One show Tatom performed in was “Godspell,” a musical based on the Gospel of Matthew. Never deterred by a challenge, Hailey took the show on the road. “I remember when we took ‘Godspell’ on tour up the East Coast, doing 21 shows in 23 days,” Tatom said. “How he was able to herd all the cats so no one got lost and keep to that schedule was impressive.”
Hailey’s son Carter said his dad considered “Godspell” his “biggest public triumph,” but that he was “always doing new stuff, kind of cutting-edge stuff, controversial stuff. … He was always at the forefront of what was happening in theater. Within a couple of years of plays being on Broadway, they would be on his stage, over and over.”
Carter Hailey and his siblings sometimes ended up on their dad’s stage, too, a ready stable of actors any time the cast called for children. As Potter put it in his Critograph piece, “Bob considered his five children to be his greatest success — he once said that he had raised a perfect cast, with two roles for females and three for males.”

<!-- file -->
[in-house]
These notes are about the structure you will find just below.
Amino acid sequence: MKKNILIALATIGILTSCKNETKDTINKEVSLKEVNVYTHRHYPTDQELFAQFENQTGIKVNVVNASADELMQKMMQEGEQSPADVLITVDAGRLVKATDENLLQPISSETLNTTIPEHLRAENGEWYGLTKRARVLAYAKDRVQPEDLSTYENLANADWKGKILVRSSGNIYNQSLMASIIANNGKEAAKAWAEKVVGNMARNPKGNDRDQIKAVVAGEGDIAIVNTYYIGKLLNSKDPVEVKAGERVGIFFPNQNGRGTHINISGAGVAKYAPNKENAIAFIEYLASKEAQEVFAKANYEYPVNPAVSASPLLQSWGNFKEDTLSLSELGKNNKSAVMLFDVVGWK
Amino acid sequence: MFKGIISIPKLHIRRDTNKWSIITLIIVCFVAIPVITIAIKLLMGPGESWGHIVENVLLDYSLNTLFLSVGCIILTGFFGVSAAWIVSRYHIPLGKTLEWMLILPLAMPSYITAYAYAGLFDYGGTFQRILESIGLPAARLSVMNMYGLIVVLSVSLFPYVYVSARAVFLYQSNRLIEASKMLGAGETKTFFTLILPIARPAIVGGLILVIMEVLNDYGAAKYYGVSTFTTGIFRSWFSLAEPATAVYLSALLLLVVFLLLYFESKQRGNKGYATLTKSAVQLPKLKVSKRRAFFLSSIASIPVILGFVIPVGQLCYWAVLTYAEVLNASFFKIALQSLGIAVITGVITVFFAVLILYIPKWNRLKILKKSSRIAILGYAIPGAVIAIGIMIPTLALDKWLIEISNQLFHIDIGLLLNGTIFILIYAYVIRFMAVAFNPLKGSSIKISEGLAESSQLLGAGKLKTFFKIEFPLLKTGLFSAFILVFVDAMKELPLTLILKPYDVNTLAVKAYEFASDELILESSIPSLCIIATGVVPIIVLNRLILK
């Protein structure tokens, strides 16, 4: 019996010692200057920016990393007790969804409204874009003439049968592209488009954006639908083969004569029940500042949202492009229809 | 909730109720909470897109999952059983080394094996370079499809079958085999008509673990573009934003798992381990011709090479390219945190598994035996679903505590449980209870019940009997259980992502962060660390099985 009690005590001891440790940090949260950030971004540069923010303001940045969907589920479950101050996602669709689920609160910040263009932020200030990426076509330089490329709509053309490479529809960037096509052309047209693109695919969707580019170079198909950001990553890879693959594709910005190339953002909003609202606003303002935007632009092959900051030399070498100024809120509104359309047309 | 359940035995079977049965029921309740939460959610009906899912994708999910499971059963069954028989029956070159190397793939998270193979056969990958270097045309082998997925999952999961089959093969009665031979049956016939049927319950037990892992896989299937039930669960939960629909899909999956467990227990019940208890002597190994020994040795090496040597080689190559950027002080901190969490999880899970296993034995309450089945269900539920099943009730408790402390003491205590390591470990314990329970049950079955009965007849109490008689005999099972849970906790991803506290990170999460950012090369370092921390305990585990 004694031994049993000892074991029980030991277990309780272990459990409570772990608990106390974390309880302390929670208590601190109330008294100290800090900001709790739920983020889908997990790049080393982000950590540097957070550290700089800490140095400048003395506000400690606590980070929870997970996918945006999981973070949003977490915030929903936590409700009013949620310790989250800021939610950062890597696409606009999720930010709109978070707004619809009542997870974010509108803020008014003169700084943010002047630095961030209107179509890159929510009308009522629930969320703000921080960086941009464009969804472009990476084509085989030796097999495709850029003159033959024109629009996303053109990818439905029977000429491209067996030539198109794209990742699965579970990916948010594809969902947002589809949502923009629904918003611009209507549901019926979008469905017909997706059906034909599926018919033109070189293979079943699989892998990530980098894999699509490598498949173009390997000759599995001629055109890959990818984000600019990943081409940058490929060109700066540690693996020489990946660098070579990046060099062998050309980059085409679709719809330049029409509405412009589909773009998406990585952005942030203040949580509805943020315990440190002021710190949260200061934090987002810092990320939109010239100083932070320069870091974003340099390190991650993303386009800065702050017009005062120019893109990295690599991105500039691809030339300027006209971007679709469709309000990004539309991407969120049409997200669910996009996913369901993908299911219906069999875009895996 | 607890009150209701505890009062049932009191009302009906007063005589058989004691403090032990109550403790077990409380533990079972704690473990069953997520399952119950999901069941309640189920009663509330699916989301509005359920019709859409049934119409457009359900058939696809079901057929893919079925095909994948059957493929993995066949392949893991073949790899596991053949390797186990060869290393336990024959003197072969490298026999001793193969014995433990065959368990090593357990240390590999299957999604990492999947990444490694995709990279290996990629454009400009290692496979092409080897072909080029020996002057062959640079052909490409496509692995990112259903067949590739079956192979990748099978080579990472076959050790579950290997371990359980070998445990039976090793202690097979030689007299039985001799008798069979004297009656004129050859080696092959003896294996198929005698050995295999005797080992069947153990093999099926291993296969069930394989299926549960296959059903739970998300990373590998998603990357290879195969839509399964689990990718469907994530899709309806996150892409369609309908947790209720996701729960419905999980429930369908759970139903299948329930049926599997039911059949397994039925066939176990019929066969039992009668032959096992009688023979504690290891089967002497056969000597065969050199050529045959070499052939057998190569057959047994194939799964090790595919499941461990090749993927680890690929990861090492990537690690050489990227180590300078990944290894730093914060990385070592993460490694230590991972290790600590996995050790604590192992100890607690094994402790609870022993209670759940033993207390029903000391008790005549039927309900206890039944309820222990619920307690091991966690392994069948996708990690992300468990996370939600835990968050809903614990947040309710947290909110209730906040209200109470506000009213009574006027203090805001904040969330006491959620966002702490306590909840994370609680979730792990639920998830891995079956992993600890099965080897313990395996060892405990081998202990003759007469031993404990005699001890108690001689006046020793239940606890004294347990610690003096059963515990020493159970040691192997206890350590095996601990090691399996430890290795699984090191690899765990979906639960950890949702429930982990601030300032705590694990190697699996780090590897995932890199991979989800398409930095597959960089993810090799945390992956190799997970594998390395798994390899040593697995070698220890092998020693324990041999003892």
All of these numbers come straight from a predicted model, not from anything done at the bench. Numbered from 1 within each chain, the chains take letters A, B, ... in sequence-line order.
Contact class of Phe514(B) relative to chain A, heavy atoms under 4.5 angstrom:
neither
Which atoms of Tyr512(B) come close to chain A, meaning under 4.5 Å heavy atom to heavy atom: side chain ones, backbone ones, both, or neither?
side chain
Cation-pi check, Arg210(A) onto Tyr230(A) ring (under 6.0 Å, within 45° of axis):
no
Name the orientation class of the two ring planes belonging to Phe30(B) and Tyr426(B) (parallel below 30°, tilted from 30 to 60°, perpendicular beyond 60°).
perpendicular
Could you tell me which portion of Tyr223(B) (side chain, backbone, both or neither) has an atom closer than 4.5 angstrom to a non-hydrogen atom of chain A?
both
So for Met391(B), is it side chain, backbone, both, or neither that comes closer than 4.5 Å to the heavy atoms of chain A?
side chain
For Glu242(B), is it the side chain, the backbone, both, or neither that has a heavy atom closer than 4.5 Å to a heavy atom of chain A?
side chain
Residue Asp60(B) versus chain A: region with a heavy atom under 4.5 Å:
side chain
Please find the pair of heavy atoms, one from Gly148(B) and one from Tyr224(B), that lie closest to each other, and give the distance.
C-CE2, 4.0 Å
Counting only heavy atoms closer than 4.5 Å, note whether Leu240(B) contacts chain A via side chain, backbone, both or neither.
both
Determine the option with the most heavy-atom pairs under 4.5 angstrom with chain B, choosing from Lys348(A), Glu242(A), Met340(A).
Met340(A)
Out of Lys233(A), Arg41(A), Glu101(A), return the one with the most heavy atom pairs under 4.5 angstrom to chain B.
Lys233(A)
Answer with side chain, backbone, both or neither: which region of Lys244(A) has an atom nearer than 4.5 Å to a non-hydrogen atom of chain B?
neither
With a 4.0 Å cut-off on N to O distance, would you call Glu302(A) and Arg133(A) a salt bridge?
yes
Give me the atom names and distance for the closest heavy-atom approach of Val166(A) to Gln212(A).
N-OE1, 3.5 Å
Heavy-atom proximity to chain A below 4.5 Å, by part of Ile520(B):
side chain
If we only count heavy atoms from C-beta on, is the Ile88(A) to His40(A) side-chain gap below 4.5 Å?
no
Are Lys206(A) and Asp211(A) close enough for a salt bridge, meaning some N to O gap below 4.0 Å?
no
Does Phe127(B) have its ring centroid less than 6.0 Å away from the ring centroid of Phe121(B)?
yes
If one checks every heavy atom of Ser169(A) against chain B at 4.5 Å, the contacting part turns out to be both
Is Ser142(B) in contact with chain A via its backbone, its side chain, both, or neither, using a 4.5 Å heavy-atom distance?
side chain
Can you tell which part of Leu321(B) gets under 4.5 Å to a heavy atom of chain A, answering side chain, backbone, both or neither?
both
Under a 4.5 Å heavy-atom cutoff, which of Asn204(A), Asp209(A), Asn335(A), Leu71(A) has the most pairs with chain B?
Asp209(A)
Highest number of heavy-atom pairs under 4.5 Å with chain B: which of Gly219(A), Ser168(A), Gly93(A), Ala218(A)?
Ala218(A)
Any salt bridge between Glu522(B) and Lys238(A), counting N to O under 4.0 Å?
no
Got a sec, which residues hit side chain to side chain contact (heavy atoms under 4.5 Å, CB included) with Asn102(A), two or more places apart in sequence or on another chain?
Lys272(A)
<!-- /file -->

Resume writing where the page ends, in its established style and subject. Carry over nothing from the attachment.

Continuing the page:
In 1959, three of the little Haileys played Okinawan children in Lynchburg’s production of “Teahouse of the August Moon,” sharing the stage with a goat. “In the play, there was a goat, a real goat,” Carter Hailey said. “Every night before the play, my mom would get us dressed up for the play and then we would go to a farm and pick up this goat, whose name was Duncan.
“We had a station wagon and she would drive with three little kids to this farm and pick up Duncan the goat and deliver him to the theater. You had to walk [Duncan] up several flights of stairs. [The theater] was on the second floor of Hopwood Hall and you entered from the back of the building.”